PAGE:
Why the FBI called for using biometrics in MFA

One-time passwords may no longer be effective in multi-factor authentication. That’s according to the FBI, which recently warned companies that threat actors are obtaining OTPs and circumventing MFA techniques. While OTP theft is still rare, these incidents are becoming more common. This doesn’t mean organizations should stop using MFA, which Google and Microsoft have found is highly effective at protecting accounts. The FBI holds a similar opinion, saying that MFA “continues to be a strong and effective security measure to protect online accounts, as long as users take precautions to ensure they do not fall victim to these attacks.” 

Those precautions, said the FBI, include using biometrics and behavioral information for authentication. So why use biometrics and behavioral information? Here’s Veridium’s take based on talks with our biometrics scientists. 

The case for using biometrics

The FBI likely advocated for biometrics because of their security benefits. Using what we are to authenticate is more secure than using a knowledge-based authentication factor, like an OTP or password. To use an OTP, a threat actor has to steal it and type it in. Again, OTP theft isn’t common, but has been occurring with enough frequency for the FBI to take notice. 

Using a stolen biometric, on the other hand, requires significantly more effort. Threat actors first have to spoof the biometric and then use the spoof to deceive a biometric sensor. Neither task is an easy feat; spoofing biometrics is complicated. And even if an attacker successfully spoofs a biometric, it has the fool liveness detection measures, which ensure that a person, not a forged biometric, is authenticating. This also assuming that a threat actor can steal the biometric. If stored properly, by using a distributed data model that splits the biometric and stores it in different locations, for instance, a biometric is more secure than using knowledge-based authentication methods like OTPs and passwords. 

There’s also a convenience factor for using biometrics over knowledge-based authentication methods. Entering an OTP involves waiting for the password to arrive either in your inbox or as a text message. Then you have to toggle to either your text messages or email account, copy the OPT, return to whatever service or app you’re trying to authenticate into and, finally, enter the OTP.  Using a biometric is an easier and faster experience that entails touching a smartphone’s fingerprint sensor, using facial recognition or scanning your four fingerprints.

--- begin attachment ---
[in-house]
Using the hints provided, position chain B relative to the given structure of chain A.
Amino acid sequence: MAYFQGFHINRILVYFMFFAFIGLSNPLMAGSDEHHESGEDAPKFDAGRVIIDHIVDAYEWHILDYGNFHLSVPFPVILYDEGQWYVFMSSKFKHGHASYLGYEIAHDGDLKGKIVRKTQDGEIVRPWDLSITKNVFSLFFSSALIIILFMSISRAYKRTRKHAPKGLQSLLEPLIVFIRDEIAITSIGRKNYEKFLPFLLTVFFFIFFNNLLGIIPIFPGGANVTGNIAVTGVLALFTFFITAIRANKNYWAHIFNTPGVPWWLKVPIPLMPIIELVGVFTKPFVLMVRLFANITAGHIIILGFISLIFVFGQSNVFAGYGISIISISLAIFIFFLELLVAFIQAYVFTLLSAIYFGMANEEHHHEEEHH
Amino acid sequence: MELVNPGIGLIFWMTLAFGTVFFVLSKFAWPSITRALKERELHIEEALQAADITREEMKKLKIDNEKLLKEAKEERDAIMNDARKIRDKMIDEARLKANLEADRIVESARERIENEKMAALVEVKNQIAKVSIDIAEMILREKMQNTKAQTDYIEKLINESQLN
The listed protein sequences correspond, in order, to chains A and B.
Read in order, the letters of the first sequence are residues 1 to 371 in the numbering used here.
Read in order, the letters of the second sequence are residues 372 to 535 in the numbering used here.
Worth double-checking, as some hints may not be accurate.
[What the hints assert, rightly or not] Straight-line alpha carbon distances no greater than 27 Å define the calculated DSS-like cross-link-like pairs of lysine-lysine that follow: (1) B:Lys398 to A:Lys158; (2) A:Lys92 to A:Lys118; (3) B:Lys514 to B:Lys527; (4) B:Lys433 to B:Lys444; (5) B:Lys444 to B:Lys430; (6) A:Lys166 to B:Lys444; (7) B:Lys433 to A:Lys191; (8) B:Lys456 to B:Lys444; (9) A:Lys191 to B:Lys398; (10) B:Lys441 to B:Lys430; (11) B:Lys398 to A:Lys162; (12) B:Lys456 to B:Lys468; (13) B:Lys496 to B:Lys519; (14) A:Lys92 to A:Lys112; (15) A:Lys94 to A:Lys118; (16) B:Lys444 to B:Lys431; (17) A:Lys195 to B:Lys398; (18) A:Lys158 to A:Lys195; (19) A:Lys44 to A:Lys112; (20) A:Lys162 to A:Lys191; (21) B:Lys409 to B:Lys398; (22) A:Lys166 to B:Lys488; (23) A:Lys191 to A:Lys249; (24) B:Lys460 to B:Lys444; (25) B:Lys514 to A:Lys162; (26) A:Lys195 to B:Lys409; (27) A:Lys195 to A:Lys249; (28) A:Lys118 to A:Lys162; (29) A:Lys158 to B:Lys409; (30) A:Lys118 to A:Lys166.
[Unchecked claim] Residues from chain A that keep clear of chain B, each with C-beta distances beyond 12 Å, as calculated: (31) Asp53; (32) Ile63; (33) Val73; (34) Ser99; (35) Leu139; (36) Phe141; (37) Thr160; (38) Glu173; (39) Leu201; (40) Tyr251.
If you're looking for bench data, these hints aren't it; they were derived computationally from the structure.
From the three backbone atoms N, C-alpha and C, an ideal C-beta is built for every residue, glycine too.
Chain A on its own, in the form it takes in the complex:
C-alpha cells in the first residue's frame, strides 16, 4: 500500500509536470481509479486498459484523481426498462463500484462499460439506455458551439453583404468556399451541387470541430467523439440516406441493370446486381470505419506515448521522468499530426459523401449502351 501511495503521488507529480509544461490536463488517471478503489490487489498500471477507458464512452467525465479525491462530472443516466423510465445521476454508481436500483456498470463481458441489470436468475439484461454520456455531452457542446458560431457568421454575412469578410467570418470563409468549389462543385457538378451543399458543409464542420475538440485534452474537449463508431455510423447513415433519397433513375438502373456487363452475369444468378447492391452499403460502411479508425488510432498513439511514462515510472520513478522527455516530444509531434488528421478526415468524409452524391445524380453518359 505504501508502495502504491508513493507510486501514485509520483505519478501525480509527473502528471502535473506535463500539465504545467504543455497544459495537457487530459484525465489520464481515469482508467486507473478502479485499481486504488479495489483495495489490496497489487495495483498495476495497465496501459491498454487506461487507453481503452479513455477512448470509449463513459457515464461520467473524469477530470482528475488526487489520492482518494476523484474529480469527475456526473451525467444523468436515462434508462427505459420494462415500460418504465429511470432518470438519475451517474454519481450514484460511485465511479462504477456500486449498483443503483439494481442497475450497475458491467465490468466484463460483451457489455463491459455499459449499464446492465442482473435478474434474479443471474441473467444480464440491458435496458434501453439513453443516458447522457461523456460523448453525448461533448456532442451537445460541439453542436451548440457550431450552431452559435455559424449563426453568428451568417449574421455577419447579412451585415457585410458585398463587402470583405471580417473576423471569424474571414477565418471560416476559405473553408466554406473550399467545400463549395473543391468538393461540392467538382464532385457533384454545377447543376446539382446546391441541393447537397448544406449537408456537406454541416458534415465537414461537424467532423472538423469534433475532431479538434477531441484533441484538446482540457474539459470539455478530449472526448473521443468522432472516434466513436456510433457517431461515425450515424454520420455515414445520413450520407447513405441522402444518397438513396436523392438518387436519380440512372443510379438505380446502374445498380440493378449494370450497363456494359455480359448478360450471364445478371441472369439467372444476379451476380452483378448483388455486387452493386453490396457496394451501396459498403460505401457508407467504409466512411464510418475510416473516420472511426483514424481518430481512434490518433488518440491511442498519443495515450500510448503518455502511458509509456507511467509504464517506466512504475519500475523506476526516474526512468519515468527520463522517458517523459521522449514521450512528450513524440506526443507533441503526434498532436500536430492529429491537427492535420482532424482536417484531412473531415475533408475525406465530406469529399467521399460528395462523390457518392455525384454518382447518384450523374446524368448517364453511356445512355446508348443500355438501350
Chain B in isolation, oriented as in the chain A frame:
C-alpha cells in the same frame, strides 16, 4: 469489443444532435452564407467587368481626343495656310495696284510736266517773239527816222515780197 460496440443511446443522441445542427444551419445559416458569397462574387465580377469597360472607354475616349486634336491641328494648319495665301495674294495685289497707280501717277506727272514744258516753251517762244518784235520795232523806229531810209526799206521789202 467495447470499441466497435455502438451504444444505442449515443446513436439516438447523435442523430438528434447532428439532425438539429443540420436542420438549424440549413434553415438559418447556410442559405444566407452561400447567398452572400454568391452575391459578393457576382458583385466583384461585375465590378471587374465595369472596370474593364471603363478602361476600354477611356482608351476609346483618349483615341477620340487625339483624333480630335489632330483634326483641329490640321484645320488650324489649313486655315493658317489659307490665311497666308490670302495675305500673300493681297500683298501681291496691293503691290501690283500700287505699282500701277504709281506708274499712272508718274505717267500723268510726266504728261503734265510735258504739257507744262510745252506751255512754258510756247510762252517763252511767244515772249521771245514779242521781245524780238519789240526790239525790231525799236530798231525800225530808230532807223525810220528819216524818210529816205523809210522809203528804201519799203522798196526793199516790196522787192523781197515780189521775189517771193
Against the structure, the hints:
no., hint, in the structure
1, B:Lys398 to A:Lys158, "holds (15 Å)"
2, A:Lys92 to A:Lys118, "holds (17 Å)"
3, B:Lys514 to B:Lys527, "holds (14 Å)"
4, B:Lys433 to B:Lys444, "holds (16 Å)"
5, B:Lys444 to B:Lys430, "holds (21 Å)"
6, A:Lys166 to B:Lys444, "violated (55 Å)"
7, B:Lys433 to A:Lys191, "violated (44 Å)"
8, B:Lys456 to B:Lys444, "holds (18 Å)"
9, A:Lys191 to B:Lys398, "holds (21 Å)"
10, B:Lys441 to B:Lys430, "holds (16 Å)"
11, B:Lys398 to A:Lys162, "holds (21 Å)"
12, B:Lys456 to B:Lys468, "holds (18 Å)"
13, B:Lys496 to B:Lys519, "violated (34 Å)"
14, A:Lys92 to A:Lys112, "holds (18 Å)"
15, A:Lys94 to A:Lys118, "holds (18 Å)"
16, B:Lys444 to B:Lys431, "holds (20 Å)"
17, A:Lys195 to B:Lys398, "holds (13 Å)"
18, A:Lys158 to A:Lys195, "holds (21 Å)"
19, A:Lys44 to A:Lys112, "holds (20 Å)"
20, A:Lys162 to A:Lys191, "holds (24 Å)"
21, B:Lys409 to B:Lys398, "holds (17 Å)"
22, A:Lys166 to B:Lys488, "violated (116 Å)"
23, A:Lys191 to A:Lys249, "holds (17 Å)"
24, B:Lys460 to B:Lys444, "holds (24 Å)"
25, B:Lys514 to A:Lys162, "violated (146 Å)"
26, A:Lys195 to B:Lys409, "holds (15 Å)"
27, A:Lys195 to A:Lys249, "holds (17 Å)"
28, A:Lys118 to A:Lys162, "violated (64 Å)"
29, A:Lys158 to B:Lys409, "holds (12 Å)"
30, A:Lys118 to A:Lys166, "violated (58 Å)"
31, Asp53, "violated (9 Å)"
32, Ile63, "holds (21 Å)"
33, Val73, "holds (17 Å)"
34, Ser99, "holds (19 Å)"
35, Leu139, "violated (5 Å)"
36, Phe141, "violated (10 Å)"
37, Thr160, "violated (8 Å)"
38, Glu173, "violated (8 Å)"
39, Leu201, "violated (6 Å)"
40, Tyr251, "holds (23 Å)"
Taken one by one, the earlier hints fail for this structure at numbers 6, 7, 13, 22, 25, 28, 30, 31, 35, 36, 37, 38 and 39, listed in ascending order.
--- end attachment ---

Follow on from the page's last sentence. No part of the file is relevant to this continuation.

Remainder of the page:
The case for using behavioral information

Incorporating behavioral information into MFA makes authenticating with a biometric more secure, which is probably why the FBI recommended adding it to MFA. This information, which can include time of day, geolocation or IP address, as the FBI noted, is unique to a person. Behavioral information makes using a stolen biometric even more difficult since attackers would have to obtain this data to successfully authenticate. 

Behavioral biometrics are also emerging as a way to detect attacker activity during authentication. Behavioral biometrics operate on the principles that everyone acts differently and copying another person’s behavior is challenging to impossible. Behavioral biometric data entails how people interact with their phones, including how people hold their phones, the pressure they use when typing and how they scroll. The data is passively collected by a phone’s accelerometer, gyroscope and other sensors when people use their devices. A baseline is established and behavior that deviates from the baseline could mean that someone besides the legitimate user is trying to authenticate.

What this means for businesses

Organizations that use OTPs for MFA may want to consider replacing them with biometrics, behavioral information or both. As the FBI noted, MFA is still a strong security tool. Adding biometrics, behavioral information or both make MFA even stronger and mitigate the risk that attackers could obtain OTPs. 

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